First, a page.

Back Add a Comment Share:
Facebook Button
Introduction
Family Guy is described as the show you’d get if you put Hank Hill, Homer Simpson and South Park in a blender, and that’s not a million miles from the truth. The show is a hilarious and often surreal look at the life of the Griffin family of Quonochontaug, Rhode Island.

Peter Griffin (voiced by Seth MacFarlane), the beer-obsessed, couch potato of the house, would give Homer Simpson a run for his money in the insensitivity stakes, while his long suffering wife Lois (Alex Borstein) was once an heiress to millions, but gave it all up in favour of the big old lug. Their children, Meg (Mila Kunis), a troubled teen constantly striving to gain acceptance from her peers, and Chris (Seth Green), a big, dumb, lovable oddball are social misfits, while baby Stewie (MacFarlane) is intent on world domination. As if that isn’t scary enough, the family dog, Brian (MacFarlane again), is an alcoholic intellectual who possesses more wit and intelligence than most of the humans…

Shatner and lederhosen... What a combination.
Episodes
There are fourteen episodes spanned over this two-disc set, comprising of the first and second runs of the show (marketed as ‘season one’ here). These range from extremely amusing to pant-wettingly hilarious, and here’s a brief outline of each:

Death Has a Shadow
Against strict orders from Lois, Peter drinks profusely at his buddy's bachelor party. After showing up at work hung over, Peter gets fired. When he applies for welfare, they accidentally send him a check for $150,000, which leads to a spending binge. When Lois discovers the truth, Peter attempts to return the money to the taxpayers by dumping it from a blimp at the Super Bowl. But when he is arrested, his family must come to the rescue.

I Never Met the Dead Man
While teaching Meg to drive, Peter crashes into a satellite dish and knocks out the city's cable. He goes crazy without television, until Lois suggests he spend more time with his family. This plan backfires when Peter drives the family nuts. Meanwhile, after Lois forces Stewie to eat his broccoli, he attempts to destroy all vegetables by building a weather control device.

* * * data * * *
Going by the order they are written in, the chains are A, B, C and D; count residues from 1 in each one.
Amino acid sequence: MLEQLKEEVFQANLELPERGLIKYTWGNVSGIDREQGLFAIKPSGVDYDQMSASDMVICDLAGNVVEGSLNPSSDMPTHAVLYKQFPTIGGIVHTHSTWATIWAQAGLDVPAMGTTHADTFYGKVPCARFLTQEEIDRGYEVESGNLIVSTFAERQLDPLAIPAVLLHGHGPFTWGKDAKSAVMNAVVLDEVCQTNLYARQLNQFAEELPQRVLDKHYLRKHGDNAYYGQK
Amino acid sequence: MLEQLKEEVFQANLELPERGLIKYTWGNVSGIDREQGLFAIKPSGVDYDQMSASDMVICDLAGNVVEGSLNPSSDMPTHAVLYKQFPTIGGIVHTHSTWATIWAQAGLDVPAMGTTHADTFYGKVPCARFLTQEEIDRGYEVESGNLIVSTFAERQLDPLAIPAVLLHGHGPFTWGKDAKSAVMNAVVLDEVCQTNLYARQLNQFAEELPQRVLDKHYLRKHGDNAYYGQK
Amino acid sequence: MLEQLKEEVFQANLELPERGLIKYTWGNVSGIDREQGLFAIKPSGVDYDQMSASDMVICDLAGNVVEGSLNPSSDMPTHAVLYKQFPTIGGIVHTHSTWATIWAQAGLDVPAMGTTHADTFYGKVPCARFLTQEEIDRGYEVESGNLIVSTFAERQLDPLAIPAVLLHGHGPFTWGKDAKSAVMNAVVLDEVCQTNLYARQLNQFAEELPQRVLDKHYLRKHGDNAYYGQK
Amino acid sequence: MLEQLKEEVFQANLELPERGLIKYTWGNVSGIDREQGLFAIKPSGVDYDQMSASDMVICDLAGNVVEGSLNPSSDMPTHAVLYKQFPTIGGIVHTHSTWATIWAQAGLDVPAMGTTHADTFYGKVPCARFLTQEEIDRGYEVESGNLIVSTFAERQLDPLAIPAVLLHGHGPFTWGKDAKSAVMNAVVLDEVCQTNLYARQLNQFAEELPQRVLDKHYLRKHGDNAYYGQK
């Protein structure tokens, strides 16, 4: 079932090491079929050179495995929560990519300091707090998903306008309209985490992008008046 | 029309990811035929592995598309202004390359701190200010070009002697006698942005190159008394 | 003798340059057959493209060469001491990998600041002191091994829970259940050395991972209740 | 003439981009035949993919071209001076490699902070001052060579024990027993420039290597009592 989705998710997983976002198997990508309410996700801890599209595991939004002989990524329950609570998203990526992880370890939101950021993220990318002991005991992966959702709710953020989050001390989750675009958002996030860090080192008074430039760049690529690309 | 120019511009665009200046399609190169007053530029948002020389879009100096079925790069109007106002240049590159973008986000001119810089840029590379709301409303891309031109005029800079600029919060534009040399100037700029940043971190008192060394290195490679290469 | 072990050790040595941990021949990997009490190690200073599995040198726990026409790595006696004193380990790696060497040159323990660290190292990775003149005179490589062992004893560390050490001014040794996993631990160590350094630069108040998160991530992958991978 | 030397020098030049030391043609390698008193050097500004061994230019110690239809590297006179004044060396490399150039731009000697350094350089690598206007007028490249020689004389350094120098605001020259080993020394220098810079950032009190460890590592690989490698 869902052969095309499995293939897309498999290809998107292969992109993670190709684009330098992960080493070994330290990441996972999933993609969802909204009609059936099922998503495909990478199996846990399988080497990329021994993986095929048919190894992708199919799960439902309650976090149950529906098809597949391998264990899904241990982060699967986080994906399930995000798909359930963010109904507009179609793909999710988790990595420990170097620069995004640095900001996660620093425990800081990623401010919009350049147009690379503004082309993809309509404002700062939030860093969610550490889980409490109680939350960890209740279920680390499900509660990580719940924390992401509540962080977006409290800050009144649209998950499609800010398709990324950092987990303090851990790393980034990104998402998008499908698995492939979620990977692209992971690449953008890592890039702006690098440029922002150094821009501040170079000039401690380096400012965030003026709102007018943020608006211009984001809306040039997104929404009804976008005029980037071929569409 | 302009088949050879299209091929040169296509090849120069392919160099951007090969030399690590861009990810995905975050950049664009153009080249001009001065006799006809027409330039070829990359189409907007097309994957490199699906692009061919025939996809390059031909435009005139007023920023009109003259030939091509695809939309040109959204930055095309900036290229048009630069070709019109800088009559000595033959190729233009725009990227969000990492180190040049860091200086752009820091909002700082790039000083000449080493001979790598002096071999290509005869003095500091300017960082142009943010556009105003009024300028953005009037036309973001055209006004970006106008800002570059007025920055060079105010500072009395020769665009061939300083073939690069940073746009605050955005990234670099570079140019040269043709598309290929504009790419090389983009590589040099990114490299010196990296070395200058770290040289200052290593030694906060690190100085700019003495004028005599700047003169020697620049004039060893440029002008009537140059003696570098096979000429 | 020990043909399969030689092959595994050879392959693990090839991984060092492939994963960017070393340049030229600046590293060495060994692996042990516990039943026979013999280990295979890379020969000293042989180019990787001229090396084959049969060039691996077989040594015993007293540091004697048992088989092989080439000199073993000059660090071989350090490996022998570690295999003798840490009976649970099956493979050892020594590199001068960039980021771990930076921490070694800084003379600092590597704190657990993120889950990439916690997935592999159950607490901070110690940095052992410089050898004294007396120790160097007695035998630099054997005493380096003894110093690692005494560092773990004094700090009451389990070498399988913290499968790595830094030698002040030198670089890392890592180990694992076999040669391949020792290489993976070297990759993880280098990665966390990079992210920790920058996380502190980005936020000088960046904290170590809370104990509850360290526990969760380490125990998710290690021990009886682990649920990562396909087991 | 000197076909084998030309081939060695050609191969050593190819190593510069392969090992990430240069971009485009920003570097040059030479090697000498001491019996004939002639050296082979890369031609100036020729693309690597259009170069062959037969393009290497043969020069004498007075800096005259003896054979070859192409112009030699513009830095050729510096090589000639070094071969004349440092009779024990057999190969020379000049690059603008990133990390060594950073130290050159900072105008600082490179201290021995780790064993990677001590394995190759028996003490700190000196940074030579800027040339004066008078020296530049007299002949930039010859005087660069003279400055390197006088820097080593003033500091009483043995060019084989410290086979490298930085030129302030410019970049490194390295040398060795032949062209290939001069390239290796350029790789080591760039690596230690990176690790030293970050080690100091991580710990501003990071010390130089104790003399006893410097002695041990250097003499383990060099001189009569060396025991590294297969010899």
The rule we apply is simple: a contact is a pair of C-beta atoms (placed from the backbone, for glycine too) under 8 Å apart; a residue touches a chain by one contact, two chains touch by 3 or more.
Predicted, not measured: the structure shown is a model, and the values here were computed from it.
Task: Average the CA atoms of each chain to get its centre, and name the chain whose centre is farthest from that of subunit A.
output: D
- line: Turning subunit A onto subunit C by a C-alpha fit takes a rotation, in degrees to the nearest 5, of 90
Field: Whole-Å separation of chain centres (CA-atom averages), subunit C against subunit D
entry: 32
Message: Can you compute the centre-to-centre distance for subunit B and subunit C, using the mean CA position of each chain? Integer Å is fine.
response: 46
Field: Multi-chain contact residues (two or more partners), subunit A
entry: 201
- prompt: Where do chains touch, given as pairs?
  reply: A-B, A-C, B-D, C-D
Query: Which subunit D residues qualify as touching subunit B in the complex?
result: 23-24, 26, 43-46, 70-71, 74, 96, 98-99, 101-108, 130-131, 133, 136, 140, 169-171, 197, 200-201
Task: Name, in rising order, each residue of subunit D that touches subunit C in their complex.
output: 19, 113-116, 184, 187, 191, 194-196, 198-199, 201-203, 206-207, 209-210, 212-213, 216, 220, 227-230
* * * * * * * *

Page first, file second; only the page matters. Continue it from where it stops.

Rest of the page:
Mind Over Murder
When Peter goes to Chris' soccer game, he inadvertently punches a woman he thought was a man. Restless under house arrest, Peter turns the basement into a bar and Lois ends up stealing the show. Meanwhile, Stewie attempts to create a time machine to avoid teething pain.

Chitty Chitty Death Bang
Lois is furious with Peter when he allows Meg to attend a party the same day as Stewie's first birthday. Unbeknownst to Meg, she's actually attending a cult meeting and when Peter brings her back home, the cult leader follows. Stewie recognizes the leader as the man who wants to return him to the "ovarian bastille."

A Hero Sits Next Door
When a bubbly new family moves next door, Peter gets annoyed. Lois becomes fast friends with Debbie, Meg tries to pick up on son Kyle and Peter is forced to invite Joe to play on his company baseball team. But when Joe shows up to the game in a wheelchair and wins the crowd's hearts with his slick manoeuvres and winning plays, Peter decides he wants to be a hero too.

The Son Also Draws
Chris is booted from the Youth Scouts, so Peter takes the family to the Big Apple to get him reinstated. But when Peter takes a wrong turn, they end up at a Native American casino where Lois hits the slot machine once too often. Peter must embark on a vision quest to prove he has Native American blood to save the day. Stand-up comedian Bobby Slayton makes a guest voice appearance as Lenny, the pit boss.

Brian: Portrait of a Dog
Peter persuades Brian to swallow his pride and enter a dog show to win some extra cash. But when they argue over a trick gone bad, Brian decides he's had enough of being a second-class citizen. His struggle to assert his civil rights lands him on death row at the pound, where he discovers every dog has his day.